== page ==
Private Spending on Healthcare

Published Wed 25 Jun 2008
The debate about healthcare finance in the UK continues after 60 years of the NHS. Both critics and supporters of the NHS question whether the UK can continue to provide tax-funded healthcare free at the point of need, as private incomes increase and as demands and the costs of healthcare continue to place ever greater pressures on the health budget.

The debate about healthcare finance in the UK continues after 60 years of the NHS. Both critics and supporters of the NHS question whether the UK can continue to provide tax-funded healthcare free at the point of need, as private incomes increase and as demands and the costs of healthcare continue to place ever greater pressures on the health budget.

This report addresses two key policy problems:

  • The macro level problem is the future financing of healthcare in the UK. We examine how much and how future healthcare will need to be funded. In particular, we are interested in the role that private health spending is likely to play in meeting future healthcare spending demands.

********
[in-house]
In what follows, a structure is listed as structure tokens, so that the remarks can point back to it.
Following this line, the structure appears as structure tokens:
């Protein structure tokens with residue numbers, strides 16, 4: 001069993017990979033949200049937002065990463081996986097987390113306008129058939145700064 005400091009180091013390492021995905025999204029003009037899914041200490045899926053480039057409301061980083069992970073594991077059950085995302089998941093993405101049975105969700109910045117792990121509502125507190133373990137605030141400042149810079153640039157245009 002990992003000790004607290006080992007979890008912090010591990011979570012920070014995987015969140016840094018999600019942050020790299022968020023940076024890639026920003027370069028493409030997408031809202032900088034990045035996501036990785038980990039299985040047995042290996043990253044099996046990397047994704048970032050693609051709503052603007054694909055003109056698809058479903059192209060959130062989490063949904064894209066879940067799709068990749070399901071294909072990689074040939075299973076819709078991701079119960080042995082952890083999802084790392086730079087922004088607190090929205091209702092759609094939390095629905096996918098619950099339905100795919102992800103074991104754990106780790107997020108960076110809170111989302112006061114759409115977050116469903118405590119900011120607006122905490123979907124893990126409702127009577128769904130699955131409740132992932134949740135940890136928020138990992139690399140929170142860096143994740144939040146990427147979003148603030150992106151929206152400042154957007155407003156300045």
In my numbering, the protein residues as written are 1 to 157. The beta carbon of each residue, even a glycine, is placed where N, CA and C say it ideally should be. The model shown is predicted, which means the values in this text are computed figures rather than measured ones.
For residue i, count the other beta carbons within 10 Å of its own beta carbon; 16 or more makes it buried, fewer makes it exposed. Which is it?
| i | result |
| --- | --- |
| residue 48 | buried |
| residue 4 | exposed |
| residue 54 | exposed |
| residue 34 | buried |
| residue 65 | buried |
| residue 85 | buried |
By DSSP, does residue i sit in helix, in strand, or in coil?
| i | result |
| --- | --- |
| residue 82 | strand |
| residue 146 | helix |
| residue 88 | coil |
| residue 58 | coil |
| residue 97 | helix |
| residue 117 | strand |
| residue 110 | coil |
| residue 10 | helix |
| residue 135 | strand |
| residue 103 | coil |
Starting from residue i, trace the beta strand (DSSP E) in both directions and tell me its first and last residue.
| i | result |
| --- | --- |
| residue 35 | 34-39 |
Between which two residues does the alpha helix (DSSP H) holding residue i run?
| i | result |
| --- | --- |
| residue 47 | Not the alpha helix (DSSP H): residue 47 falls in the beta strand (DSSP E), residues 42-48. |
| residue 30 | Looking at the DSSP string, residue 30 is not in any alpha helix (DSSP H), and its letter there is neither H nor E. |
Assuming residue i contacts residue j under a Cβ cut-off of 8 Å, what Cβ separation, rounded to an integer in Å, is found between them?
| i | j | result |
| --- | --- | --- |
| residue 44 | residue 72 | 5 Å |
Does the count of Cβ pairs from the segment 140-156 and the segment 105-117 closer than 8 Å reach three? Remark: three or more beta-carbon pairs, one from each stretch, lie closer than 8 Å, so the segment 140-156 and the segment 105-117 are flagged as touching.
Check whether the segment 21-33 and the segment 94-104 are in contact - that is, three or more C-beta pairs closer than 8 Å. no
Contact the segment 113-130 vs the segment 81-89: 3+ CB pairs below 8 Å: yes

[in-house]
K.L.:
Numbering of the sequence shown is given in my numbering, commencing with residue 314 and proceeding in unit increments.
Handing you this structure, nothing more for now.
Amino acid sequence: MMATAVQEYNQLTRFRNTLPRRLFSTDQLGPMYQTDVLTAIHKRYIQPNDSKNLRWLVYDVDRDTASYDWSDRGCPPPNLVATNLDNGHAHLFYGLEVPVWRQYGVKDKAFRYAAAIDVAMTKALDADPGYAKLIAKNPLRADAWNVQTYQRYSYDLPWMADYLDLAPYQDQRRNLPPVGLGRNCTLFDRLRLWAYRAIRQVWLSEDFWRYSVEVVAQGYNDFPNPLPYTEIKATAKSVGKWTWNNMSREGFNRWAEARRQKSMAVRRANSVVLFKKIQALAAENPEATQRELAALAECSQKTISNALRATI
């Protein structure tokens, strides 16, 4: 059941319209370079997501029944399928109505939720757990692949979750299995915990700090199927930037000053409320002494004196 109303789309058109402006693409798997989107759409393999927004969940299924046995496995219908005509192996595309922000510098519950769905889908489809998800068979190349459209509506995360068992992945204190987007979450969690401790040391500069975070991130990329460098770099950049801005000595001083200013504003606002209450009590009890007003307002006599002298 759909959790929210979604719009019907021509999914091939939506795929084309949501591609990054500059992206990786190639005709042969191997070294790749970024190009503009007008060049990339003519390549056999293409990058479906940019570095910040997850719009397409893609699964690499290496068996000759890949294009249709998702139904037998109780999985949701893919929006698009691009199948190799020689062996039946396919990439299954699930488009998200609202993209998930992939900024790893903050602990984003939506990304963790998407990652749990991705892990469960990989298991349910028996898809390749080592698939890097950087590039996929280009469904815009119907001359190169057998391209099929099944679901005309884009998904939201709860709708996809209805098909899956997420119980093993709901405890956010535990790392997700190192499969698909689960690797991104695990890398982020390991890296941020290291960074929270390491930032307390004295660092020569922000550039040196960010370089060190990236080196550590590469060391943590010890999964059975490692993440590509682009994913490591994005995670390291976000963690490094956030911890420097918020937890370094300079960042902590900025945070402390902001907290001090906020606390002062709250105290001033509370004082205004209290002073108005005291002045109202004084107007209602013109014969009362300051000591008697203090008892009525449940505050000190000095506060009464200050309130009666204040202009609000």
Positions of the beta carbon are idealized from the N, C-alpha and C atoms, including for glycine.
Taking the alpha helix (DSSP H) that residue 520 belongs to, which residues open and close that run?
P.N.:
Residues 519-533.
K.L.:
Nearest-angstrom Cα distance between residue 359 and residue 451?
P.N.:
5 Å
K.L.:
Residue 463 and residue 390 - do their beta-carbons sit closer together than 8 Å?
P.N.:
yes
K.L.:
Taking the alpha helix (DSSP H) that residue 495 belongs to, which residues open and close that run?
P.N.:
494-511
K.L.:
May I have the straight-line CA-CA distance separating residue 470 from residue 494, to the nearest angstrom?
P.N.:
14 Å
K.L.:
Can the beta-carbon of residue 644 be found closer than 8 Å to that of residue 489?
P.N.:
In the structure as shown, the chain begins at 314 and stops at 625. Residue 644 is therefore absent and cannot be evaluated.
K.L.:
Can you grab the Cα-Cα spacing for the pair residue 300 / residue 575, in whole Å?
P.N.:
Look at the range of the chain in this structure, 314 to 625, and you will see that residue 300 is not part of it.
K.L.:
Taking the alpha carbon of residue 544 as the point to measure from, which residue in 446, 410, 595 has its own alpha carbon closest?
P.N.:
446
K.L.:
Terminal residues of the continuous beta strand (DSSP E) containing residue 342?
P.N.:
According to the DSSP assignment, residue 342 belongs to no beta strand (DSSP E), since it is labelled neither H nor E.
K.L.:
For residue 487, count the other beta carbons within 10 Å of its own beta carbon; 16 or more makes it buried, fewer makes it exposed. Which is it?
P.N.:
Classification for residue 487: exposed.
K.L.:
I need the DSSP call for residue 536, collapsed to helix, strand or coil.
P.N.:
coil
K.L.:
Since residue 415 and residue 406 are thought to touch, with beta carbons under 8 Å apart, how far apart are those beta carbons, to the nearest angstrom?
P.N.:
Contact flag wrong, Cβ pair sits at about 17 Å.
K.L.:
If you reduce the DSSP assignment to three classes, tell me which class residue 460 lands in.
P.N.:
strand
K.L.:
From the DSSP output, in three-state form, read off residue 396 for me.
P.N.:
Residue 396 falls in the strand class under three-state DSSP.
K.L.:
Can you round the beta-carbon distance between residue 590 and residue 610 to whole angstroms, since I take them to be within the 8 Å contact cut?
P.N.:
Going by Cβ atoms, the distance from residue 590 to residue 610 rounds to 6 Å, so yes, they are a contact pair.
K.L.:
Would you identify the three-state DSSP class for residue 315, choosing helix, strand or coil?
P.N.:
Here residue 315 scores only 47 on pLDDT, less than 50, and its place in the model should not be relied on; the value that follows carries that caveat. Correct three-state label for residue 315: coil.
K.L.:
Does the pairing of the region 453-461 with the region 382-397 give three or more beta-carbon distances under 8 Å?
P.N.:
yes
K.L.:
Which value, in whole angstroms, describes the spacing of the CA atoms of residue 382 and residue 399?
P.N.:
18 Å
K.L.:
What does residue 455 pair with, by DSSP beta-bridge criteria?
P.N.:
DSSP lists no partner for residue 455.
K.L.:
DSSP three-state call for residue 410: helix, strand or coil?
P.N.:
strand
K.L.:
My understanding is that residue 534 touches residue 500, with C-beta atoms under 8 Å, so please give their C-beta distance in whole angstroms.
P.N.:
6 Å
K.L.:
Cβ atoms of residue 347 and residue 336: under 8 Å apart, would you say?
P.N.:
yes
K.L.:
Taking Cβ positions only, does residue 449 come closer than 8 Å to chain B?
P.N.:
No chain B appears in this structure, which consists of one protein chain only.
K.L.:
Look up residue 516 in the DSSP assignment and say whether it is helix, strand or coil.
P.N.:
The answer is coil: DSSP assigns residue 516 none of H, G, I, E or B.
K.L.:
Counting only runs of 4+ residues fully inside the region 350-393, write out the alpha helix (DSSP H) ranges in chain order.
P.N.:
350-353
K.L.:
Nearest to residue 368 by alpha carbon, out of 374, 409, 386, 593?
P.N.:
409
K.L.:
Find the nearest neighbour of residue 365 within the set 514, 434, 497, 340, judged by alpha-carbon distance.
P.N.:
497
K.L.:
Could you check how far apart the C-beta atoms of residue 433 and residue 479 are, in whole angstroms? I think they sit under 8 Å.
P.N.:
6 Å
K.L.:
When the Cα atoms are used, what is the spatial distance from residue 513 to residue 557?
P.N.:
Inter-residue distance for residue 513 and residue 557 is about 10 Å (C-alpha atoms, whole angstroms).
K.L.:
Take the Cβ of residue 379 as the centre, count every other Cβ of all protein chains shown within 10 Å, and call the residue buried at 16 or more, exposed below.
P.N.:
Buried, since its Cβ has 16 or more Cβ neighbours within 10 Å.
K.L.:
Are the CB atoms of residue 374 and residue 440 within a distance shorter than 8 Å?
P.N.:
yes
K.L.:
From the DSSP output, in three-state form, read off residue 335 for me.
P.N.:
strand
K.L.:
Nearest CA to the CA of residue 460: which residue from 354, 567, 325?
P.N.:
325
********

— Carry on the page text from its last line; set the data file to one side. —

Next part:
• The second problem is how the current contribution of private spending in the health economy could be improved. Private spending in its many forms has always co-existed with the NHS, but has received less attention from policymakers as an integral part of the health system.
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